Results of fieldwork in Glacier Bay National Park and Preserve by collaborators from Lamont-Doherty Earth Observatory and University of Alaska – Fairbanks are described here in this excellent blog. This narrative is written by scientist, author and collaborator on the project Lauren Oakes. Lauren is also author of a forthcoming book on Alaska Cedar Decline and Climate.
Summer 2018 research in the Tree Ring Lab has come to a close. The group of five students worked on a variety of projects, learning about the climate and history of Ohio and Alaska, and the application of different dendrochronological techniques and statistical analyses. They also gained experience effectively conveying their research to others and writing official reports of their findings.
The summer research team on their last day working together (Left to right: Greg Wiles, Nick Wiesenberg, Victoria Race ’19, Juwan Shabazz ’19, Kendra Devereux ’21, Josh Charlton ’19, and Alexis Lanier ’20).
AMRE students with a sampled oak tree at Brown’s Lake Bog in Wooster, Ohio (Alexis Lanier ’20, Juwan Shabazz ’19, and Kendra Devereux ’21).
The AMRE team accomplished a lot during the eight weeks they were here on campus. Their research started with the principles of dendrochronology, when they learned how to count individual tree rings and measure their widths under the microscopes. From here, the team learned how to run this data in different programs like COFECHA and ARSTAN. This process allowed them to date many historical structures across Northeast Ohio such as Gingery Barn and Miller House and Barn. You can find a full list on the TRL’s reports page.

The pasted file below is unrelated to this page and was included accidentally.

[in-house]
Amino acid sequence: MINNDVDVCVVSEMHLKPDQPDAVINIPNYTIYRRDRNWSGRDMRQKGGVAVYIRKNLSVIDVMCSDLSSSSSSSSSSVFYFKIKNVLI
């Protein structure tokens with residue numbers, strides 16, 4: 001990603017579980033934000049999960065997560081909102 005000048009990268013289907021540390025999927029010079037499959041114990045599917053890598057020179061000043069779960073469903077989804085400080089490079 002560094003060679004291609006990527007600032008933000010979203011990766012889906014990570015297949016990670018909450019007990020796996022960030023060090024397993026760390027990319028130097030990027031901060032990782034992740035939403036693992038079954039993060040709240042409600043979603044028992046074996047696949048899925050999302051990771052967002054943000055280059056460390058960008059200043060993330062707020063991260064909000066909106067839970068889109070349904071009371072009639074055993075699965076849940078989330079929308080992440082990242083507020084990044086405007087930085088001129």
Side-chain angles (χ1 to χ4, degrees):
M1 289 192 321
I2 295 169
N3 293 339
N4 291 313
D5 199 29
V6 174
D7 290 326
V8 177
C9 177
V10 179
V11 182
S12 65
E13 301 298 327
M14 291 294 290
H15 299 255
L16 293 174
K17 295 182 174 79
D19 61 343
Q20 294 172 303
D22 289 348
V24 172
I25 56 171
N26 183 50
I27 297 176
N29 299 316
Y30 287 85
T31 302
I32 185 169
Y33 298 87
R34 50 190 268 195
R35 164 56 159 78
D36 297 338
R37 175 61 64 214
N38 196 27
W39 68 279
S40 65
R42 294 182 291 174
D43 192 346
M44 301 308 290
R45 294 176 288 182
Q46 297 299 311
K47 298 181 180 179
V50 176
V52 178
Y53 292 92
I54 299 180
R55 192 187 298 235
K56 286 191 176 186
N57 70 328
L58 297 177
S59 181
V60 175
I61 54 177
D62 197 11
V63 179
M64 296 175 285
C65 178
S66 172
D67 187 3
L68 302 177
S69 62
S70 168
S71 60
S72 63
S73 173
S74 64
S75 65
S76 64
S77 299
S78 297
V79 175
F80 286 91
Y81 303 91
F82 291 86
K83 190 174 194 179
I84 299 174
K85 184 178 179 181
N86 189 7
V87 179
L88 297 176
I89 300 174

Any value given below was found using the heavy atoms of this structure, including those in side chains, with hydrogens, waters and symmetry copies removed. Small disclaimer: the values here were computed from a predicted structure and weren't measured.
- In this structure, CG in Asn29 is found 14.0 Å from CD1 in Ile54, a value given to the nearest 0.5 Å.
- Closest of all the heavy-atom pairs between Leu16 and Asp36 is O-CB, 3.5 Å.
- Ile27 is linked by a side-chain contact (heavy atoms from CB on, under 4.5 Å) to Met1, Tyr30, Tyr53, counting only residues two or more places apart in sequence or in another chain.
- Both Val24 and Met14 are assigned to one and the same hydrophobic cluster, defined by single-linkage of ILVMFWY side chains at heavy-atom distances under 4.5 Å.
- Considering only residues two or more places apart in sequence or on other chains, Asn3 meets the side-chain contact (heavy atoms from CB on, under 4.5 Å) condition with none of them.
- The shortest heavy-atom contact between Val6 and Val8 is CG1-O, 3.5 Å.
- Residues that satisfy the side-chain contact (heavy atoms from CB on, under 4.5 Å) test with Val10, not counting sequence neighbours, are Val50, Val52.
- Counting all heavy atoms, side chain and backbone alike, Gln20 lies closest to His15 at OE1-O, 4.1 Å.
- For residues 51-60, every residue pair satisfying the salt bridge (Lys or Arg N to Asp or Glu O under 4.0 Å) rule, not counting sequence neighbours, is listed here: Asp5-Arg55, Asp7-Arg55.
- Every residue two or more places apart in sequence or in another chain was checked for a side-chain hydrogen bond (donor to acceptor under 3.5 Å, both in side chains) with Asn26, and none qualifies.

AMRE students with
Today is the official last day for AMRE researchers here at the Tree Ring Lab. The AMRE team has accomplished many projects these past 8 weeks.
Their research started with the principles of dendrochronology, when they learned how to count individual tree rings and measure their widths under the microscopes. From here, the team learned how to run this data in different programs like COFECHA and ARSTAN. This process allowed them to date many historical structures across Northeast Ohio such as Gingery Barn and Miller House and Barn. You can find a full list on our reports page.
The AMRE students also learned how to take these chronologies and make hypotheses regarding past climate by uploading the data to Climate Explorer and running various correlations with other datasets.
We were fortunate enough to go out in the field and personally collect most of the data that we worked with this summer. These eventful trips included a lot of tree coring and required lots of bug spray. Some of the AMRE group’s favorites trips included Stebbin’s Gulch and Brown’s Lake Bog.
The other two summer researchers working in the Tree Ring Lab this summer, Victoria Race and Josh Charlton, have been working with tree ring data collected from Alaska. Their work focuses on the modeling of Columbia Glacier located in Prince William Sound, Alaska. They are currently working on an abstract to submit to the upcoming GSA conference this fall. Stay tuned for more information regarding their project!
Special thanks to the National Science Foundation, the Sherman Fairchild Foundation and the AMRE program for helping to make this research possible. Enjoy the rest of your summer!
Summer researchers working in the Tree Ring Lab returned to Stebbin’s Gulch in late May to collect more chestnut oak samples. This increased replication helps us to strengthen our various hypotheses made from the interpretation of our findings.
This information is useful in mapping out land use changes in Northeast Ohio. The team identified an abrupt increase in ring width around 1840. They attributed this rise to decreased competition from logging which coincides with the time of most significant settlement in the area.
Read more about their conclusions in the official dendroclimatological report here.
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